One of the concerns triggered by the financial crisis was the need for appropriate corporate governance in financial institutions. Corporate governance is indeed one of the cornerstones of a properly functioning corporate sector and financial and economic system.


Following the international developments in corporate governance (new guidelines issued by the Basel Committee and the EBA and new European legislation), a new Banking Law[1] was passed in 2014, which updated and covered in more detail the various rules regarding corporate governance. Without going into exhaustive detail, the following important items can be highlighted:

  • the requirements of professional integrity and appropriate expertise for members of the management body, persons tasked with the senior management and persons responsible for independent control functions;
  • reinforcement of the role and responsibility of the management body (as regards composition, expertise, time commitment, ...) in terms of corporate governance in general, and risk management in particular;
  • reinforcement of the role of the advisory committees set up within the management body;
  • special attention to risk management and the respective roles and responsibilities of the business and the independent control functions (so-called three lines of defence model);
  • detailed elaboration of the rules regarding remuneration policy;
  • more transparency regarding the implementation of the principles of corporate governance.

To ensure compliance with the governance rules, the Banking Law provides the supervisory authority with a broad range of measures, from the prudential measures in the context of Pillar 2 supervision (Article 149) to recovery measures (Articles 234-238), penalties (Articles 345-346) and administrative fines (Article 347). Additionally, certain infringements are criminally sanctioned (Articles 348-352).

[1] Law of 25 April 2014 on the legal status and supervision of credit institutions and stockbroking firms.


The manual aims to combine all governance policy documents applicable to credit institutions (Banking Law, explanatory memorandum, regulations, circulars, European legislation, international standards) and, if useful, to provide further clarifications regarding these documents. In addition, the manual also contains explanations on topics that are, as such, not covered by specific policy documents. Evidently, policy documents that are not covered by this manual, will continue to apply. Furthermore, the manual is without prejudice to the governance powers of other supervisory authorities (e.g. the FSMA).

The manual does not replace the underlying policy documents. If the latter are amended through the usual channels, the manual will be amended accordingly. As in principle the manual will be published on-line, it will be a living document; its reference and title will not need to be modified with every amendment made, as is the case for instance for circulars. Any amendments made will, however, always be notified to the institutions. Additionally, they will be explained in a specific section, with an indication of the date of the amendment.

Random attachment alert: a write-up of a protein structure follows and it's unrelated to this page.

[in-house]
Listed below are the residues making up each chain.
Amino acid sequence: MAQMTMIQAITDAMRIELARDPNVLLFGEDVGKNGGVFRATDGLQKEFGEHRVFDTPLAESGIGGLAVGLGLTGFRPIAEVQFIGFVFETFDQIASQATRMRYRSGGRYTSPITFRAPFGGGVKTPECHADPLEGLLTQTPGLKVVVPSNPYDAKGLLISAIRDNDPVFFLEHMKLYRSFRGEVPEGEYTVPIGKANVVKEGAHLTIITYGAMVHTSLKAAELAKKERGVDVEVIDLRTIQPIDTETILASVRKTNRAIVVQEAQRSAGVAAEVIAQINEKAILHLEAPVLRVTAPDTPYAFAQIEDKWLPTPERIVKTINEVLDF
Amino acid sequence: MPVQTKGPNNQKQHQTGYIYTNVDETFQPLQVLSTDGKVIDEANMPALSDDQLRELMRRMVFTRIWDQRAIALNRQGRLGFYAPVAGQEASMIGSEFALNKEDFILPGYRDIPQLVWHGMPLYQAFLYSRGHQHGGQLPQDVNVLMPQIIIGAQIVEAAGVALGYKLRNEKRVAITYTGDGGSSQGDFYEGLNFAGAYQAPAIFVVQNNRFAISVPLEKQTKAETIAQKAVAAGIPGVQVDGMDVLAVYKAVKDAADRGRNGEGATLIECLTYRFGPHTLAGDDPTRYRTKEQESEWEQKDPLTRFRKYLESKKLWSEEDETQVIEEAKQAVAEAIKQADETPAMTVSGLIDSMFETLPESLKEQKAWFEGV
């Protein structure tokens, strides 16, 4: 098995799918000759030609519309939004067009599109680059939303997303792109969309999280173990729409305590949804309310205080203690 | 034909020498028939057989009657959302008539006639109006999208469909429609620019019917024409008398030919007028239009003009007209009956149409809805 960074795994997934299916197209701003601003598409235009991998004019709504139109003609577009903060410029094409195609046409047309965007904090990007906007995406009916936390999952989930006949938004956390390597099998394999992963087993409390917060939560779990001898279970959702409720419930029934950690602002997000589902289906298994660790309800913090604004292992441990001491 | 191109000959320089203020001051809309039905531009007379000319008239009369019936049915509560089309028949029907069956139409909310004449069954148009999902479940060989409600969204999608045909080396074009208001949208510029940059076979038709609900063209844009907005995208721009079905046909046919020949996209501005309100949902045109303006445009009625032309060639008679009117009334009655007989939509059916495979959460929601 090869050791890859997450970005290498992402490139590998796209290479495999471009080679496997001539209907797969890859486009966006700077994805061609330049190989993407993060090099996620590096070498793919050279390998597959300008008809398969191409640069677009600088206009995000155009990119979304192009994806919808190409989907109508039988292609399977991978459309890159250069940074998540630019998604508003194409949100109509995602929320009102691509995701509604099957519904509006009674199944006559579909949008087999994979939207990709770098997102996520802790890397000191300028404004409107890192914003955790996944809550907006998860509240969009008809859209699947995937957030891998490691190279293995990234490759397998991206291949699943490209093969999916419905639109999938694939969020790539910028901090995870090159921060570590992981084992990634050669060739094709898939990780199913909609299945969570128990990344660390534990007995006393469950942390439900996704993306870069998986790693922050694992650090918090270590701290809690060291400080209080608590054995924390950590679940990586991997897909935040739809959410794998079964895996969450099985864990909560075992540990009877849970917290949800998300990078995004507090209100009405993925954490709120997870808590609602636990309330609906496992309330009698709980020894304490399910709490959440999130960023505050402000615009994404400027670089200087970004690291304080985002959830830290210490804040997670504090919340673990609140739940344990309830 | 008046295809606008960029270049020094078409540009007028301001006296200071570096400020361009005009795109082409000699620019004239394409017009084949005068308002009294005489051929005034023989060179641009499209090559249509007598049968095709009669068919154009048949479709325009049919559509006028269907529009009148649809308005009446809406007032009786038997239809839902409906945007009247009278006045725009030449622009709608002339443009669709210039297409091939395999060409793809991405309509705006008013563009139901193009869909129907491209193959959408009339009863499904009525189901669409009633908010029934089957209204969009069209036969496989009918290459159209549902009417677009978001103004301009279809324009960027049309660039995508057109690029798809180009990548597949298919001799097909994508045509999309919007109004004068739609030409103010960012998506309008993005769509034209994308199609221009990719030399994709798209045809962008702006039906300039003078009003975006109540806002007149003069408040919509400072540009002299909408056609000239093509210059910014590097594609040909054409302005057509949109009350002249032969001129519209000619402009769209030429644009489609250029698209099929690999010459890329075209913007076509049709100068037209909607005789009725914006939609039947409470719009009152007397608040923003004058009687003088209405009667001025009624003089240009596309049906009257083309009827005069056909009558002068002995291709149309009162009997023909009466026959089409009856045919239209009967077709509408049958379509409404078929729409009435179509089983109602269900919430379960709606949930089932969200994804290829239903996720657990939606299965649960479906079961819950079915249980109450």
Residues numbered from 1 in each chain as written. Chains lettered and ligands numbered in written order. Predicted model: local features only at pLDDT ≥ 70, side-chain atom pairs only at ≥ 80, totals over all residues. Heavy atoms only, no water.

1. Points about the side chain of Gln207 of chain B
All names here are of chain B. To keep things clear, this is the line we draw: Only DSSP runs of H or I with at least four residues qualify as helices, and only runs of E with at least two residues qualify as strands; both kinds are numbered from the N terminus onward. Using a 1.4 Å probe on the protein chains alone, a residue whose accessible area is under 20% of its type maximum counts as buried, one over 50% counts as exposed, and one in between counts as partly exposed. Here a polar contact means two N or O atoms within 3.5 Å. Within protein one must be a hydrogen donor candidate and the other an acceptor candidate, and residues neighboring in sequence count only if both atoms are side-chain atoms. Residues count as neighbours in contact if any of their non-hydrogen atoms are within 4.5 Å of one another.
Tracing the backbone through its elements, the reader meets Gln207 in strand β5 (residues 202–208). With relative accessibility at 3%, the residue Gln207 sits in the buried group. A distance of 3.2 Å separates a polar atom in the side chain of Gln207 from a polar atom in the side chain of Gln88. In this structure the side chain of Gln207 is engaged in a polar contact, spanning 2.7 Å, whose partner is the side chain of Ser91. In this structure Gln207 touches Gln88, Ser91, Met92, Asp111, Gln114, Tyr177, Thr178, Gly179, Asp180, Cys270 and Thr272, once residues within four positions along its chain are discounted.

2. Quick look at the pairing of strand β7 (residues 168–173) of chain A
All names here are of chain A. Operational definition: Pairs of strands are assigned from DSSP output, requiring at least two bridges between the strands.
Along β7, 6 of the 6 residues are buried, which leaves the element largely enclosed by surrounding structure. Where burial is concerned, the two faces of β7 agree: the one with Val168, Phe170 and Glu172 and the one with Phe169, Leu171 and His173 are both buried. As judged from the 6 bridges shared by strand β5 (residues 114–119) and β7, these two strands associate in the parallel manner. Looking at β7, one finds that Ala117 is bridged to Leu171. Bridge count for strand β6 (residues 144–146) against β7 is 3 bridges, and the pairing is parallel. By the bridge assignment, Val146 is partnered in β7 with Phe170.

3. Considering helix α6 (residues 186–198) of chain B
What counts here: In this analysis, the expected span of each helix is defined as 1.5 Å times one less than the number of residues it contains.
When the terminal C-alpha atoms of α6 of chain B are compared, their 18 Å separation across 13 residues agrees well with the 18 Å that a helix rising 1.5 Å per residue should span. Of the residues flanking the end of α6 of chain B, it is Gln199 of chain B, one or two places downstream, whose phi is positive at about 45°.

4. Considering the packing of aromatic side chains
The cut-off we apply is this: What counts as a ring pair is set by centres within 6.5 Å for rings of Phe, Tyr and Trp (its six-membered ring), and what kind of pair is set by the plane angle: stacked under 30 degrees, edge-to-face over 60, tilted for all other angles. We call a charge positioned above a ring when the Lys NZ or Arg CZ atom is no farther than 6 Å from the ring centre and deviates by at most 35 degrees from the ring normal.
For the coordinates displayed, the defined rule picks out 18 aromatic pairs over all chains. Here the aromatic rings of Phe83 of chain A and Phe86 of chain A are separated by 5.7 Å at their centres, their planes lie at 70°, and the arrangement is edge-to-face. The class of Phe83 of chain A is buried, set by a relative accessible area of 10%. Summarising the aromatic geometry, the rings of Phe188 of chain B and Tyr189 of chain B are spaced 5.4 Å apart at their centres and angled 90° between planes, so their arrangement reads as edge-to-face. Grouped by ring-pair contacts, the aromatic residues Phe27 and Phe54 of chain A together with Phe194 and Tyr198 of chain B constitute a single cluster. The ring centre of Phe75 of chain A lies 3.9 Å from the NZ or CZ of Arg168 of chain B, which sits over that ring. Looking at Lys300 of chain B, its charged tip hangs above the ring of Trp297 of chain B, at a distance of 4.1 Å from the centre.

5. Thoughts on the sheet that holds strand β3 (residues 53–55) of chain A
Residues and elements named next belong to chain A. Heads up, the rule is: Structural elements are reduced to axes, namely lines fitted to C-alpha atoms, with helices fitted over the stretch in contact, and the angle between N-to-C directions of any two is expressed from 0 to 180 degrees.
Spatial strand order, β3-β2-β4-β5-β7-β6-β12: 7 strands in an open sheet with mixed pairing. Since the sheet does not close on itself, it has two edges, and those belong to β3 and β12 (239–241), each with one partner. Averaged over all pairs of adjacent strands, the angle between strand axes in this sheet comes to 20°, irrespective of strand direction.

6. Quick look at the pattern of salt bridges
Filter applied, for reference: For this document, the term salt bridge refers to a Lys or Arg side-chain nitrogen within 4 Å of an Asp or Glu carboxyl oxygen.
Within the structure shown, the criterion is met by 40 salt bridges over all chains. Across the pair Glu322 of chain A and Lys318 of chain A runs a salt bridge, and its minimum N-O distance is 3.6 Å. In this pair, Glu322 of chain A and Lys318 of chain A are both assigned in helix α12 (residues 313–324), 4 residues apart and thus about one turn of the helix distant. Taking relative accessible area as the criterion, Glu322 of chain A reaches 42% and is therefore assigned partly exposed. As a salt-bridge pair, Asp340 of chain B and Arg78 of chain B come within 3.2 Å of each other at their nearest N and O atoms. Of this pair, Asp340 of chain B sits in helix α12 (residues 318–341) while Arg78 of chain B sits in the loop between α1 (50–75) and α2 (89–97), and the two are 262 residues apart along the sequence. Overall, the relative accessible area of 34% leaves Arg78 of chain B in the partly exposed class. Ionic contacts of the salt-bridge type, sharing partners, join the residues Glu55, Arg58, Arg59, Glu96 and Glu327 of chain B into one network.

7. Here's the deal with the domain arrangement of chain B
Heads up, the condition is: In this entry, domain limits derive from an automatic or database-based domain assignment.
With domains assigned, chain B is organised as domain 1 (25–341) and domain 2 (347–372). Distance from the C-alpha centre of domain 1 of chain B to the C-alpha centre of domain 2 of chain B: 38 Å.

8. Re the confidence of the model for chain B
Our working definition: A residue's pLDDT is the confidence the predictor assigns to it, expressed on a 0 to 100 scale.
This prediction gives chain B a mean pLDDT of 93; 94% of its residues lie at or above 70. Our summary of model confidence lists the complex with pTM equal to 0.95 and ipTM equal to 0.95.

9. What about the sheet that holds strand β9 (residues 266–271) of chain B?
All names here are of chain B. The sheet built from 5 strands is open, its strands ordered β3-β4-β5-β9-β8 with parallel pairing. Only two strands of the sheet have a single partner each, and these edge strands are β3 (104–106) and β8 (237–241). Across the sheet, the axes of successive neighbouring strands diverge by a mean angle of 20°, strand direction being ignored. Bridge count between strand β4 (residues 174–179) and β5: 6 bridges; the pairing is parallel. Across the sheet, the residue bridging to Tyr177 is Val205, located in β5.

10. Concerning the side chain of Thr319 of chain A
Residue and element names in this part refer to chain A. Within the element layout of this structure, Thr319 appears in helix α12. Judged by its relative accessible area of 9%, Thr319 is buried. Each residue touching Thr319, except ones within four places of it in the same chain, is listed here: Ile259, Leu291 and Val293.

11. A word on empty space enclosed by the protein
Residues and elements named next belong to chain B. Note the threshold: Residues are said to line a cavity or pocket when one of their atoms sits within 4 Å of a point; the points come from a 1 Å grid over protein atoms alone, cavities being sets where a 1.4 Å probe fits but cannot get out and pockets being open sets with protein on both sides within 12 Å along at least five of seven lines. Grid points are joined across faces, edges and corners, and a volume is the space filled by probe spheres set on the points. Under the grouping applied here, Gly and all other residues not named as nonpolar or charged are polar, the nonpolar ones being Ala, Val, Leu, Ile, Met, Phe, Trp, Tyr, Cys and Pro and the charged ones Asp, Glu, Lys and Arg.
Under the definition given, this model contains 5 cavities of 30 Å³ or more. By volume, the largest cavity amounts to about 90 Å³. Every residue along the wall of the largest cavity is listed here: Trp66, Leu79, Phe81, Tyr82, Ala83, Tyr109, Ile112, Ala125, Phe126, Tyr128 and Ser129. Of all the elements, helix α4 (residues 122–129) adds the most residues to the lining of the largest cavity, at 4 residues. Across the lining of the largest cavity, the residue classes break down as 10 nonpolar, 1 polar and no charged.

The manual follows as much as possible the structure of the Banking Law. The terms used in the manual have the same meaning as in Article 3 of the Banking Law.

It should be noted that for the purposes of the manual, the Single Supervisory Mechanism should be taken into account. In this context "supervisory authority" should be understood to mean the ECB or the NBB, depending on the circumstances. Although the ECB is competent for "important" credit institutions within the meaning of the SSM Regulation, it is the task of the national competent authorities to assist the ECB in its supervisory activities. The NBB offers this assistance in the context of the 'Joint Supervisory Teams', which are the institutions' first point of contact.

The following topics are covered: (i) suitability of shareholders or partners; (ii) suitability of the management and of the independent control functions; (iii) appropriate organization of the business; (iv) public disclosure and transparency; (v) group context. The underlying policy documents can be accessed via a hyperlink in the text itself and on the web page.

For users who want to read the full manual without clicking on numerous links, a specific link to a printable version  is included. Obviously, this version does not include the text of the underlying policy documents.


As indicated in EBA/GL/2017/11 on internal governance, Article 74(2) of Directive 2013/36/EU[2] requires that internal governance arrangements should be proportional to the institution's individual risk profile and business model, in order to ensure effective application of the regulations.

Institutions should therefore take into account their size and internal organisation as well as the nature, scale and complexity of their activities when defining and implementing the internal governance arrangements. This implies that significant institutions should develop more sophisticated governance arrangements than smaller or less complex institutions. The abovementioned EBA guidelines set out the criteria to be taken into account by institutions in the concrete application of the principle of proportionality.

The application of the proportionality principle should take place within the limits of the legal framework.

[2] Directive 2013/36/EU of the European Parliament and of the Council of 26 June 2013 on access to the activity of credit institutions and the prudential supervision of credit institutions and investment firms.